One of my favourite psalms is 103 describing God’s compassion and healing:"Bless the LORD, O my soul, and all that is within me, bless His holy name! Bless the LORD, O my soul, and forget not all His benefits, who forgives all your iniquity, who heals all your diseases, who redeems your life from the pit, who crowns you with steadfast love and mercy, who satisfies you with good so that your youth is renewed like the eagle’s." What wonderful words of thankfulness. It thanks God for healing, for forgiveness of sin, for justice and compassion in the world. It acknowledges that human beings are mortal, while God’s love is everlasting. These themes both comfort and challenge us in almost all situations.

Back to the Gospel – it’s interesting that it shows that faith isn’t necessary for healing. But the surrender of the will is:"Get up, pick up your mat, and walk." (v.8). Immediately, without any physios to tone up his muscles, the man’s useless legs function properly once again:"At once…he picked up his mat and started walking." (v9). He could have said, "I can’t", but he didn’t. He arose and did the impossible, as Jesus, out of compassion, had performed another miracle. Here was this man made completely whole. His youth renewed and strong like an eagle. He doesn’t even know who his Saviour is. Healing has nothing to do with how much faith we have. It’s whether we have the will to accept and respond to the challenge of Christ: "Pick up your mat, and walk." It’s a matter of choice.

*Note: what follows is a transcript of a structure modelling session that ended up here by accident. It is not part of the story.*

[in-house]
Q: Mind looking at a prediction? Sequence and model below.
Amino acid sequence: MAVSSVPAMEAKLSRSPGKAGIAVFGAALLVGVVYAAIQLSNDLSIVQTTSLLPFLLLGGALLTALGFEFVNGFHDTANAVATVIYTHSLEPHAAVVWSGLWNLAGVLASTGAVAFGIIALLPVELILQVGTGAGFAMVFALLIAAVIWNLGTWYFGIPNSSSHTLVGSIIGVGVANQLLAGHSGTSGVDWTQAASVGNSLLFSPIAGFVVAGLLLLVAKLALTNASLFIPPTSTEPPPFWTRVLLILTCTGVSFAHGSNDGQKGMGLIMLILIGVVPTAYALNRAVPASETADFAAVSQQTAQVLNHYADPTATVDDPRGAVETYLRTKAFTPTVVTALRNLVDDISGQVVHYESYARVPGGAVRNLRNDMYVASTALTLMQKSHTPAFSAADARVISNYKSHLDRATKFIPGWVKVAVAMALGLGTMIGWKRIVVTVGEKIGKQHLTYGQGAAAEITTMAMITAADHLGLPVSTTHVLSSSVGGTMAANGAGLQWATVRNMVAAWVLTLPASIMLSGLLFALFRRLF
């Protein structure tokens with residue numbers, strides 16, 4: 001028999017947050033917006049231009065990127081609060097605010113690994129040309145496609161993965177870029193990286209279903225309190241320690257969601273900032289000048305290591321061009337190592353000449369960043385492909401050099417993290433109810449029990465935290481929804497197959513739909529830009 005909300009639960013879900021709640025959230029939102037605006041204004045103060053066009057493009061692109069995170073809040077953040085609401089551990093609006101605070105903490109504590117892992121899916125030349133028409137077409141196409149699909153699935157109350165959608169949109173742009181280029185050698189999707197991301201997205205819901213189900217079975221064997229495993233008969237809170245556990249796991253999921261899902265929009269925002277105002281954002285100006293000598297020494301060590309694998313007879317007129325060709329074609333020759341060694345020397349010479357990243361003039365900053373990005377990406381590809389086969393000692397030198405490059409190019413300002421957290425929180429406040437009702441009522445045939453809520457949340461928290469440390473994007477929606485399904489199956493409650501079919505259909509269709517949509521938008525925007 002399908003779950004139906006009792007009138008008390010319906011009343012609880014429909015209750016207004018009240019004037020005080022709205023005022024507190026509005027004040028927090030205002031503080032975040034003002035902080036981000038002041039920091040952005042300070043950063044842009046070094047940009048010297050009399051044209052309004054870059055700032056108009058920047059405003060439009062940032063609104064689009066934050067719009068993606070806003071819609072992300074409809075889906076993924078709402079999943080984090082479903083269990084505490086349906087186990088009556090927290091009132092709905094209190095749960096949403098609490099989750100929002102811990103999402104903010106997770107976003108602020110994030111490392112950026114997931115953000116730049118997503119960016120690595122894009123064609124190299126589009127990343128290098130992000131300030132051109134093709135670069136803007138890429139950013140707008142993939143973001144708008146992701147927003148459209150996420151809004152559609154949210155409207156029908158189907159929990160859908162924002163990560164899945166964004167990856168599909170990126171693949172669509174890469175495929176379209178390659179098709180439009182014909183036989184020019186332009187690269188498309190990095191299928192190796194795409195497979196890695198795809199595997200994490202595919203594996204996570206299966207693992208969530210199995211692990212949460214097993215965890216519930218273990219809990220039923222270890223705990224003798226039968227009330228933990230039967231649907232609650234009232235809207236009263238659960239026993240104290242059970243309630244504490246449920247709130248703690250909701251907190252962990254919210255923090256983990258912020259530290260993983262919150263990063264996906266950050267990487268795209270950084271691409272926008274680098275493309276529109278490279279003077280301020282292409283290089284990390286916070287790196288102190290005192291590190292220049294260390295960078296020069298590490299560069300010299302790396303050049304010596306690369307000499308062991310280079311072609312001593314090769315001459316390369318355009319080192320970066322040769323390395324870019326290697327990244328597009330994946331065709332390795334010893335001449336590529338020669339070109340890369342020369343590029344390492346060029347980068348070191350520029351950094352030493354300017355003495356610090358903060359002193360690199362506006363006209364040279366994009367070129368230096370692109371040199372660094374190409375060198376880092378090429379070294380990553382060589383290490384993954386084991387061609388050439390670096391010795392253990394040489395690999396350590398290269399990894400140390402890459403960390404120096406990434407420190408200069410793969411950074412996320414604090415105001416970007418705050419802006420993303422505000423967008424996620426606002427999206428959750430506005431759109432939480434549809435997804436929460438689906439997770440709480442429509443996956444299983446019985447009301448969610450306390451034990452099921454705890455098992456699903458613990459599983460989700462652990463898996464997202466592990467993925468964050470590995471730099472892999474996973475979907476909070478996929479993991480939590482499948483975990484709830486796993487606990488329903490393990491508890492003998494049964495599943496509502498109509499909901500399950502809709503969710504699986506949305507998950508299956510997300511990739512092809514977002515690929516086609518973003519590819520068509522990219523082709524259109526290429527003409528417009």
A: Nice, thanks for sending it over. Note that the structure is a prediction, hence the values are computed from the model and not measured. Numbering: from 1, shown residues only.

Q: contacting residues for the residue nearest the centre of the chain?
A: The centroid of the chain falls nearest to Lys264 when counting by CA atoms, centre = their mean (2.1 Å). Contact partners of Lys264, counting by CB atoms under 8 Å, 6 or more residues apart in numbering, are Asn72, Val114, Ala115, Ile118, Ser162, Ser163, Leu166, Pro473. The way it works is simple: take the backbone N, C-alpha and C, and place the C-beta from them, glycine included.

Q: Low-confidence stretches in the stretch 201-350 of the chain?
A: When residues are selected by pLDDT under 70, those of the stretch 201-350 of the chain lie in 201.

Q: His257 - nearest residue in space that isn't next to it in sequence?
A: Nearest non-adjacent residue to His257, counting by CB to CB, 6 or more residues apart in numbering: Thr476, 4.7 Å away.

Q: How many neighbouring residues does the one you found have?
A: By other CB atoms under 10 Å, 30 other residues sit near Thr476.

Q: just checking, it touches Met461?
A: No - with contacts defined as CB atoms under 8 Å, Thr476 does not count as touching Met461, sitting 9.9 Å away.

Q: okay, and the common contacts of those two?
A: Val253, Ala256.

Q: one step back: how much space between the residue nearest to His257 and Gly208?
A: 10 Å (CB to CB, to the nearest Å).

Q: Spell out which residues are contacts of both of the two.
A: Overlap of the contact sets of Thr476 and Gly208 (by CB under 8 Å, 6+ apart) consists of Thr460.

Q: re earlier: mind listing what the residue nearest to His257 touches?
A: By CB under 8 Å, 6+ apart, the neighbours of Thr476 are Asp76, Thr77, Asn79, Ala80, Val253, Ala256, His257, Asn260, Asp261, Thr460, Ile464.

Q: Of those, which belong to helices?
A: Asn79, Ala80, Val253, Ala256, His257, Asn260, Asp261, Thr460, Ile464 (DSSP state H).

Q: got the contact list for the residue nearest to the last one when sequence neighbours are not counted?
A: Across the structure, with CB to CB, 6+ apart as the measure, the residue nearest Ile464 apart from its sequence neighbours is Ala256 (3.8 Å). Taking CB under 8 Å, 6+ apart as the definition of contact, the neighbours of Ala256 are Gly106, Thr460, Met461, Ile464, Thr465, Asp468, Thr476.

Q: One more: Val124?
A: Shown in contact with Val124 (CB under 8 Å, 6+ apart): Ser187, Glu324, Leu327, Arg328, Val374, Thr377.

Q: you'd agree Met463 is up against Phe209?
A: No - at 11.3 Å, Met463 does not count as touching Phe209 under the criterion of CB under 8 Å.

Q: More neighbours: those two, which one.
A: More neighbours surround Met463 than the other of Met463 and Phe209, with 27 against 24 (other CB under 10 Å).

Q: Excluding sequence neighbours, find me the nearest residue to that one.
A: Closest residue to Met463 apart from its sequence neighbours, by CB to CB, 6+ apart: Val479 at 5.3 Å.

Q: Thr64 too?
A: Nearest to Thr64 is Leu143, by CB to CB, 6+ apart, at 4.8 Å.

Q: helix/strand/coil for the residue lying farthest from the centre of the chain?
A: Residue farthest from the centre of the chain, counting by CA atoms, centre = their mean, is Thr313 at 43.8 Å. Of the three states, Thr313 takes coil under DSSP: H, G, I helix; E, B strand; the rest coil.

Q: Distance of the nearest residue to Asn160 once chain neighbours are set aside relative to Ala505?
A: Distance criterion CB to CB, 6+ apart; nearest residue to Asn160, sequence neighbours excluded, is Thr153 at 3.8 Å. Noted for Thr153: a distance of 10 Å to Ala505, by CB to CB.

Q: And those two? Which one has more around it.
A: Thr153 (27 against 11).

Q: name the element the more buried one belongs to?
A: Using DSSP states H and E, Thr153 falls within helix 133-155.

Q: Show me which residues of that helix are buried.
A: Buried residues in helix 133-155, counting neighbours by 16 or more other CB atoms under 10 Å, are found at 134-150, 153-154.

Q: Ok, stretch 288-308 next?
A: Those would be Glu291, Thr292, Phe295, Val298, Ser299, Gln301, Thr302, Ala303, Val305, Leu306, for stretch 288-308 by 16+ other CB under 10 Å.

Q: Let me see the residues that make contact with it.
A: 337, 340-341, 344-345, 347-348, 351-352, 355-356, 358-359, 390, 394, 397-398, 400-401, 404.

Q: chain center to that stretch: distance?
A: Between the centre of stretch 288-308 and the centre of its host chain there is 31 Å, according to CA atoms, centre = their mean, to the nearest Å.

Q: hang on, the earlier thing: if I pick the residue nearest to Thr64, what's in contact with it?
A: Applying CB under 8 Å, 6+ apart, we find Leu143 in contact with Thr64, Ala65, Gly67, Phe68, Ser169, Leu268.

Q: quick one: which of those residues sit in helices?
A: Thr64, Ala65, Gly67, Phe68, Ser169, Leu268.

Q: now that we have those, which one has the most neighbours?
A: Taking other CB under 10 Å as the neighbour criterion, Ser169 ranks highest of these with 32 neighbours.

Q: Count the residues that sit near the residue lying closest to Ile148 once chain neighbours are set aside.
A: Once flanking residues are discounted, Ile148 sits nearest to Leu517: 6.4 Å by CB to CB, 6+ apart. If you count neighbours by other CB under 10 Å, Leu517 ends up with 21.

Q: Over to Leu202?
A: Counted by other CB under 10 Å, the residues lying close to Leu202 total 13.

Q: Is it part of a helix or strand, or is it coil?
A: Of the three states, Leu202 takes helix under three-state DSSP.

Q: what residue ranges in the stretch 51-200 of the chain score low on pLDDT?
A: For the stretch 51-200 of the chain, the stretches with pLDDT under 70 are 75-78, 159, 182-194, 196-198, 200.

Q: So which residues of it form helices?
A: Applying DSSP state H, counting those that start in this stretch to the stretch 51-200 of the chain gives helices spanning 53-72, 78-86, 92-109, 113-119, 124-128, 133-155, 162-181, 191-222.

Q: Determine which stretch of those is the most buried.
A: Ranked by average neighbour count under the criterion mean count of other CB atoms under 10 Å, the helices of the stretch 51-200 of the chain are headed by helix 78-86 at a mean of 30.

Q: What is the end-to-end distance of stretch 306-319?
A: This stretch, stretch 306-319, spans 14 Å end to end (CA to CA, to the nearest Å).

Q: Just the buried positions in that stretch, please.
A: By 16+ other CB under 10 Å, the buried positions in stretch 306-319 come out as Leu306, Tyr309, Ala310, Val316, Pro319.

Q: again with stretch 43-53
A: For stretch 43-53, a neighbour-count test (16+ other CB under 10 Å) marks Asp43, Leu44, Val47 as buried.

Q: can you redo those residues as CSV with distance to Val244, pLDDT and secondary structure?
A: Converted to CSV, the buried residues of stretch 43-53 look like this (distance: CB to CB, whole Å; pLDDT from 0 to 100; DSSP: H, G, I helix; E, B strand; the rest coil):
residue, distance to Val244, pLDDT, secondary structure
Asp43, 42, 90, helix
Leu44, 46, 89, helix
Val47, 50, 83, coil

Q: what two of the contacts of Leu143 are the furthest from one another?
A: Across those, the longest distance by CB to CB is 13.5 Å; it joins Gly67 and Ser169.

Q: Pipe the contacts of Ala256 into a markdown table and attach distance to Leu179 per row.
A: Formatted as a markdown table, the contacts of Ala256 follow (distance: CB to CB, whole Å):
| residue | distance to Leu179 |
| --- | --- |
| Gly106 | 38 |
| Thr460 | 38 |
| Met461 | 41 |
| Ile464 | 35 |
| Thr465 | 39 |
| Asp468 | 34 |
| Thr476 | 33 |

However, as a responsible preacher of the Word, I also have to tell you that the Bible does not teach that God will always physically heal those who come to Him. In His sovereignty He reserves the right to heal or not to heal as He sees fit. However, as I’ve shown, it’s our spiritual healing that’s crucial. For you see, a person without Christ is in a far worse condition than the one without health but having Christ. When Jesus finds the man in the Temple (I believe he was there to give thanks). He first points out that he is now well and then warns the man "to sin no more, so that nothing worse happens" (v.14). In effect: "don’t lapse back into your old self-centred attitude like the one you had at the poolside because before I met you your will was paralysed." To us it means this – that no matter how trapped we feel in our physical infirmities God can minister to our deepest spiritual needs – if, and only if, we have the will to be cured.

Finally, the entire world is Bethesda – "house of mercy" – because Christ the divine Healer, by dying for our sins on the cross, has made it so. And all who really desire to be grateful can be!

Part 2 of this sermon continues next time…let us pray…

PRAYER: Great God, may the boldness of your Spirit transform us. May the gentleness of your Spirit heal our souls. May the power of your Spirit equip us to serve and worship you now and always. AMEN.